June 1, 2015
This article is written by Bev Taylor, The Founder of Ivy Coach
Of the approximately 3,500 accredited colleges and universities in the U.S., only about 50 of them are considered highly selective. These are schools that typically admit fewer than 25% of all their applicants. To determine a college’s degree of selectivity, one needs to know the number of students who were admitted in the most recent class and divide that by the number of students who applied. The smaller the percentage of students admitted, the more selective the college. For example, to form a freshman class of 1,310 students for the Class of 2013, Yale University received 26,000 applications and admitted 1,951 applicants, making its application-to-admit ratio 7.5%. However, as applicant pools (the number and quality of the applicants) change each year, so does a college’s degree of selectivity. To form a freshman class of 1,320 students for the Class of 2012, Yale admitted 1,892 of the 22,813 applicants who applied, making the admit ratio for that year 8.3%.
When competition is as keen as it is with these highly selective colleges, all factors play a role in the admissions process, but the two most important factors continue to be exceptional academic and personal accomplishments.
The best predictor of academic success at college is academic success in high school. Along with grade point average and the intensity of high school courses (including honors and advanced placement classes) are rank/deciles and standardized test scores (SAT or ACT, subject tests, and APs). The competitiveness of the high school and letters of recommendation from guidance counselors and from the teachers who know the student the best are also considered highly significant academic factors. Nevertheless, all too frequently we hear stories of how valedictorians with perfect or near-perfect SAT scores may just not be special enough. When these students are denied admission, it is often because their application (essays, personal statement, activity sheet, interview, and letters of recommendation) makes them come across as if they have achieved a level of entitlement, and consequently they may come across as pompous, arrogant and one-dimensional.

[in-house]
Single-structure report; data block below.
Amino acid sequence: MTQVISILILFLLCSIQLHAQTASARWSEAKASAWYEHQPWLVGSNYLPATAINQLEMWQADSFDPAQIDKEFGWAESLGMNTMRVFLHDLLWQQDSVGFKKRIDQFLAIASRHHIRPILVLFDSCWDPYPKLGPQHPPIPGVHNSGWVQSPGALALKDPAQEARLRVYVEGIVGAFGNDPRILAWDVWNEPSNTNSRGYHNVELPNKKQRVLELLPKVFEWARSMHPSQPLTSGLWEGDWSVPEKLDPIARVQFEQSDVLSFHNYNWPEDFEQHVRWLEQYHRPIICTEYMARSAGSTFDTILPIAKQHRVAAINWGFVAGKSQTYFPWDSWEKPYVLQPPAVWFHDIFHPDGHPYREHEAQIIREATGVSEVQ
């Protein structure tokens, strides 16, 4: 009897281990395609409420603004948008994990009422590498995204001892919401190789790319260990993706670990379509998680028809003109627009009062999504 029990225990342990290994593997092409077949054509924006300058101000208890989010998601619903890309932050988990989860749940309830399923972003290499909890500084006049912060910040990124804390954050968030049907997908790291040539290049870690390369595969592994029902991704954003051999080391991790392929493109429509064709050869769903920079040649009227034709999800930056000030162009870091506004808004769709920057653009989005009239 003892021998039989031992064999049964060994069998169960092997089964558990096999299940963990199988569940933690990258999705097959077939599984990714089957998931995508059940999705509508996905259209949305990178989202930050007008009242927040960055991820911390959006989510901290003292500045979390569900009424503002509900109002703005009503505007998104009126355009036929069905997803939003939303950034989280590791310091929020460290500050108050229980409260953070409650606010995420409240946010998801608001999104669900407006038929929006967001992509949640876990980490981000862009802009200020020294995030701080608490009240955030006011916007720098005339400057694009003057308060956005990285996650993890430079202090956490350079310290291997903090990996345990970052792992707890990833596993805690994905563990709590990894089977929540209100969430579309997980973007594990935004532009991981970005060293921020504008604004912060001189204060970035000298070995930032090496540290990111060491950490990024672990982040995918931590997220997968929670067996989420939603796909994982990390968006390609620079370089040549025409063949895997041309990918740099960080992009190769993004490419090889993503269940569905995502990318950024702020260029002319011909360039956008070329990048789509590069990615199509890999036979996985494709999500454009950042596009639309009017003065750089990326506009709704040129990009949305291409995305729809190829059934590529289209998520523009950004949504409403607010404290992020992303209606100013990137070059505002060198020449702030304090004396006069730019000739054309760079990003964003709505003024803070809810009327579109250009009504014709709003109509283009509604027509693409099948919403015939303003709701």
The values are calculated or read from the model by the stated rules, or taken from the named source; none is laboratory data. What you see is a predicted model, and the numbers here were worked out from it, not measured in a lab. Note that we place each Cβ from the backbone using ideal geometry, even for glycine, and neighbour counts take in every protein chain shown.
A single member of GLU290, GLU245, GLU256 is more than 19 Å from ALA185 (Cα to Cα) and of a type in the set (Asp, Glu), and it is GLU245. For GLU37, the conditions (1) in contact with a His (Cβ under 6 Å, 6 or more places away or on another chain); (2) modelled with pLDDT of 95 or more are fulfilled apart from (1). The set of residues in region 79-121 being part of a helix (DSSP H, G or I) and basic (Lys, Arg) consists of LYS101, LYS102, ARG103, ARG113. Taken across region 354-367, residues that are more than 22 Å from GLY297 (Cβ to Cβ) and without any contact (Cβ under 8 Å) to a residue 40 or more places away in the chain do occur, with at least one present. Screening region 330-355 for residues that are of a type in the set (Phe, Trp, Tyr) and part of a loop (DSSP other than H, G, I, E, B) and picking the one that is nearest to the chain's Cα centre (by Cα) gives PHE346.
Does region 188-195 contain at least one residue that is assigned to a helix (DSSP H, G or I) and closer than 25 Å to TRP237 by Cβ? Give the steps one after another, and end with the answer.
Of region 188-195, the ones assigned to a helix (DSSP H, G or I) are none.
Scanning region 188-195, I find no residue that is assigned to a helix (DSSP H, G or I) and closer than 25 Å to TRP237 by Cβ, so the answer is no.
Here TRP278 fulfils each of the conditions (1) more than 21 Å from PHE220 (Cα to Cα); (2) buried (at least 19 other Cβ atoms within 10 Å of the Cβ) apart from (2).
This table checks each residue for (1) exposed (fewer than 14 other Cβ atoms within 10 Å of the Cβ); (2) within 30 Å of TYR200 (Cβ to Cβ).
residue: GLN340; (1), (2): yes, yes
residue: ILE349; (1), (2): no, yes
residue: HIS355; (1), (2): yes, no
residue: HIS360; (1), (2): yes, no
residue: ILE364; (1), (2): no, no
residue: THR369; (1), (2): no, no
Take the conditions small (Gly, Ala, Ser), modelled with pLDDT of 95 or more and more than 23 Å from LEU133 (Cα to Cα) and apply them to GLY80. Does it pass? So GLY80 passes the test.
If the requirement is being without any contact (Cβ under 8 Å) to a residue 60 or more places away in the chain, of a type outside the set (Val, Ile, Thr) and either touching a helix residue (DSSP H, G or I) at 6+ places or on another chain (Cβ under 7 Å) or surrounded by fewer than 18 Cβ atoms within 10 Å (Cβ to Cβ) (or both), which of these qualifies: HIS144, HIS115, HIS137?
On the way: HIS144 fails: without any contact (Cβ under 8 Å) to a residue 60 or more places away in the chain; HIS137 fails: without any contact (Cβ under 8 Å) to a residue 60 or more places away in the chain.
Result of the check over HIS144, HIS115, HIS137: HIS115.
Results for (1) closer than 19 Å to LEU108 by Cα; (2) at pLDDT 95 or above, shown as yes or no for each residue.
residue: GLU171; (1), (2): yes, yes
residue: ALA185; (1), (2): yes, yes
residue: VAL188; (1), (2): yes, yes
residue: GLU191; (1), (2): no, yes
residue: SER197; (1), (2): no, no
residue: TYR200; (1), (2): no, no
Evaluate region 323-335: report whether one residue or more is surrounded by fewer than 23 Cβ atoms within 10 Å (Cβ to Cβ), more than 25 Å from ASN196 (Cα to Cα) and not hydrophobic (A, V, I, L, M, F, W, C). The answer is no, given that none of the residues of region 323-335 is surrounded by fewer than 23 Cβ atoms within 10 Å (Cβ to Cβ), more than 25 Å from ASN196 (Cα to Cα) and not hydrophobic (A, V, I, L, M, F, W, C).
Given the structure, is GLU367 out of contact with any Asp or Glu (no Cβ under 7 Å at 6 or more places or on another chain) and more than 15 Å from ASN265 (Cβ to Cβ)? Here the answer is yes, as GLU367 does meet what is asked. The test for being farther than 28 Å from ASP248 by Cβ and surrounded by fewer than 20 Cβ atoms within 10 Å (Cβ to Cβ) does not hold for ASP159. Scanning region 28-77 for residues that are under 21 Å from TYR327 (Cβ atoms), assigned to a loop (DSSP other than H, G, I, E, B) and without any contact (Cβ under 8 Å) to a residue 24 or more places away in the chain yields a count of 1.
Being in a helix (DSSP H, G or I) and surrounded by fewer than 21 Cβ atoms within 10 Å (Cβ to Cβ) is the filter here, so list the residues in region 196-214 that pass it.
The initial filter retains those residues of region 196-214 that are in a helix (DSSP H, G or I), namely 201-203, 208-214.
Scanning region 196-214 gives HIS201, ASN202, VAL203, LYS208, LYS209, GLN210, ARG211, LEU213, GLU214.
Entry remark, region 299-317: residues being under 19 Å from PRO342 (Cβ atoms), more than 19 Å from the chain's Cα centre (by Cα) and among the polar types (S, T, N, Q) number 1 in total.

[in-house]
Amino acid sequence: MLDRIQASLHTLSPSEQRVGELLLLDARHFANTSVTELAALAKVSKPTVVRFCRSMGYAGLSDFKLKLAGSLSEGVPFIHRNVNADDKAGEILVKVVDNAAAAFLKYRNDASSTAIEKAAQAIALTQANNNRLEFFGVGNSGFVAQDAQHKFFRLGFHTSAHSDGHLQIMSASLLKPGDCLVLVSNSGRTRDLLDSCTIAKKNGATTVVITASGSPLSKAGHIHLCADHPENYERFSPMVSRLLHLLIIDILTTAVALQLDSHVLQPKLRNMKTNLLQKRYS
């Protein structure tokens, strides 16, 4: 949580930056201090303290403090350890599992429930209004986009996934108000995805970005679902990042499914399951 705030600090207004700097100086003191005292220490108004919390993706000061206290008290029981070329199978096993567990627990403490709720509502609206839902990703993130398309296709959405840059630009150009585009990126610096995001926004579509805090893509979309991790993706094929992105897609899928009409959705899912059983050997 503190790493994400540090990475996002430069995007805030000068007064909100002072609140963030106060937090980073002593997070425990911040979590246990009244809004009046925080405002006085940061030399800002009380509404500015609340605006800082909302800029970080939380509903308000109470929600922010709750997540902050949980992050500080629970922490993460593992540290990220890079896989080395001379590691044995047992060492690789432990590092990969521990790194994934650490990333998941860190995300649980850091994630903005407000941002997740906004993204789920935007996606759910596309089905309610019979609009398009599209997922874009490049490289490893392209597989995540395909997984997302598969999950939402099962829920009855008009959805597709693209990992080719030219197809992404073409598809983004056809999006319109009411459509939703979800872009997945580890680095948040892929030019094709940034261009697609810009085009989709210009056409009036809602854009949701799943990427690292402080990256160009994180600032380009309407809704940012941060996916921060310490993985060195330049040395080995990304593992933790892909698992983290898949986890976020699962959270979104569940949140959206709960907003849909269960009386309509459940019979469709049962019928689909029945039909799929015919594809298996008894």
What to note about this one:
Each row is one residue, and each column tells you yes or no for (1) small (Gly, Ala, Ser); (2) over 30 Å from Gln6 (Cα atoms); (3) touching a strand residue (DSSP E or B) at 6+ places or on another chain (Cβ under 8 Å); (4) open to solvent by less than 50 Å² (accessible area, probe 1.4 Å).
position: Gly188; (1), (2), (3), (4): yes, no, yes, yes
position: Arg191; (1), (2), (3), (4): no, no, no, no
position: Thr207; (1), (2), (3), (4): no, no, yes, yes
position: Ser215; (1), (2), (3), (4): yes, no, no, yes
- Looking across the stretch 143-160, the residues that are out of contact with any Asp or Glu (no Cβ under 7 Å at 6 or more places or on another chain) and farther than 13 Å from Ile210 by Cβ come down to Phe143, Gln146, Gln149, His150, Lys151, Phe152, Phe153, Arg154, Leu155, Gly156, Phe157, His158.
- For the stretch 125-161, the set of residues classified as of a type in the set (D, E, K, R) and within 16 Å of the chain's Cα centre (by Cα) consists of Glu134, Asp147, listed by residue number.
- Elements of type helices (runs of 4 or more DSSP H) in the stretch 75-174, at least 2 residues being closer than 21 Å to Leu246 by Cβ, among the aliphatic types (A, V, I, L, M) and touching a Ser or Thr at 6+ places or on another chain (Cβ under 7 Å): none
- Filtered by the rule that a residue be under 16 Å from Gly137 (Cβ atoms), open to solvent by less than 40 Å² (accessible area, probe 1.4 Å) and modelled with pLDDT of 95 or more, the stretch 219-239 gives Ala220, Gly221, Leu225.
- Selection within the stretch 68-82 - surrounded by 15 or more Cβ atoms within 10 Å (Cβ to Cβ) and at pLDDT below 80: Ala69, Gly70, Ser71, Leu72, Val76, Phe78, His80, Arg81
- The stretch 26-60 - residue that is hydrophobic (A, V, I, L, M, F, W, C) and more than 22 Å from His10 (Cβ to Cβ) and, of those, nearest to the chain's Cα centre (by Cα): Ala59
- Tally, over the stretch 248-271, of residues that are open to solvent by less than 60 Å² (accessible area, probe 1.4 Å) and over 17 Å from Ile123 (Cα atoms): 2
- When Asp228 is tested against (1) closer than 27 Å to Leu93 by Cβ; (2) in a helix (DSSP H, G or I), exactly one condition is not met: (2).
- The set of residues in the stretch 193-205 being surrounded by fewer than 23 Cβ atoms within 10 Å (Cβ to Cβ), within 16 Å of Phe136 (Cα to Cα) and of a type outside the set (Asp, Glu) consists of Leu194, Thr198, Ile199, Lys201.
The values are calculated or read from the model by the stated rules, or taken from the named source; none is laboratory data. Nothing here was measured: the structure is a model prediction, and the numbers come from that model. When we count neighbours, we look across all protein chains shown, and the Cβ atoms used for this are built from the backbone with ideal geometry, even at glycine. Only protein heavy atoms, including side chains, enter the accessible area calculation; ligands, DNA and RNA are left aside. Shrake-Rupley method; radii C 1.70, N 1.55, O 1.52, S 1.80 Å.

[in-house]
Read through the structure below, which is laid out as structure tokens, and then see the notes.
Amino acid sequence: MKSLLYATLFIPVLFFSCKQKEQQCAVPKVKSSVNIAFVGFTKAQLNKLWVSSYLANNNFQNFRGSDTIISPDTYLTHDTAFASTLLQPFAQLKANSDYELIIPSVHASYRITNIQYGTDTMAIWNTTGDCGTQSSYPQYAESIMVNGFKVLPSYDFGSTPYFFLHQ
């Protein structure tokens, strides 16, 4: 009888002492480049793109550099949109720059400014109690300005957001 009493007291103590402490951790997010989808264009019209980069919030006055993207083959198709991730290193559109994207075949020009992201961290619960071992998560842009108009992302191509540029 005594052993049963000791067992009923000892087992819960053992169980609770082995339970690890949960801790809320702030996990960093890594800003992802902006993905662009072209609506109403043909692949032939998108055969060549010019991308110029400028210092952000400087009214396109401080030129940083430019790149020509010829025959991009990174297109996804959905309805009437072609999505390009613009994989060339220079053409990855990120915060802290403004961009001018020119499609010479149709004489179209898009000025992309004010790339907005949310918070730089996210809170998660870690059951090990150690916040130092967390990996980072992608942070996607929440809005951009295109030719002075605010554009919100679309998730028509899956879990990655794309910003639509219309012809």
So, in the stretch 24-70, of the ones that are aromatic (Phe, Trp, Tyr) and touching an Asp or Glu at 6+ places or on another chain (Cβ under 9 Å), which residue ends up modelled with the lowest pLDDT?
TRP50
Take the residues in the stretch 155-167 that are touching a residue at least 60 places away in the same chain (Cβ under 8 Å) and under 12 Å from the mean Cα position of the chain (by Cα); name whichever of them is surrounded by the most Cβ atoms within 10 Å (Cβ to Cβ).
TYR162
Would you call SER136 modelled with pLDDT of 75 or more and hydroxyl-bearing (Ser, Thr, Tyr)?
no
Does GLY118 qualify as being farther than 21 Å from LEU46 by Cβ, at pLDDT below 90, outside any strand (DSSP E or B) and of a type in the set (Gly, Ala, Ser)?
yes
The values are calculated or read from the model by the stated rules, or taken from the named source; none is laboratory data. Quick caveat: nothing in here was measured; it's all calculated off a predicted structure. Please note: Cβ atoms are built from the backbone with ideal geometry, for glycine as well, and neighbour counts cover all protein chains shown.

So, Who Gets In?
What is it that these most prestigious colleges are looking for when they admit their applicants? For the most part, admissions counselors from highly selective colleges are looking to form well-rounded classes. In their quest to do this, they’re seeking students who have a level of uniqueness and who show a depth and breadth of academic as well as extracurricular accomplishments and talents.
In the land of highly selective college admissions, what is the profile of the student who is considered “talented”? These are students who throughout high school have engaged in activities to enhance their skills in one specific area. Such students may be talented in athletics, fine arts, leadership, or the performing arts (music, theater, or dance), or they may be poets, journalists, great debaters, computer wizards, or math or science researchers.
But having a talent is not enough. The most attractive candidates are students who have made it clear to the college that they intend to contribute their talent to the campus community. The student body president needs to make it clear on his application that he intends to continue to participate in student government while in college. In a similar manner, through his future participation as a college varsity athlete, a swimmer may talk about his hope of one day competing in the Olympics, a musician may reflect on her ultimate aspiration to play at Carnegie Hall, a thespian may discuss his dreams of performing on Broadway, a dancer may have a goal of one day joining the Joffrey Ballet, and a science researcher may dream of winning a Nobel Prize. Wherever their talent lies, students need to know how to market their talent in the college application process.
Through high school transcripts, standardized test scores, letters of recommendation, essays / personal statements, activity sheets and interviews, students who have demonstrated intellectual curiosity, personal initiative, and those who have made an impact on their school and community will have a much greater advantage in the highly selective college admissions process. Students need to be who they are, but they also need to work at making a difference!
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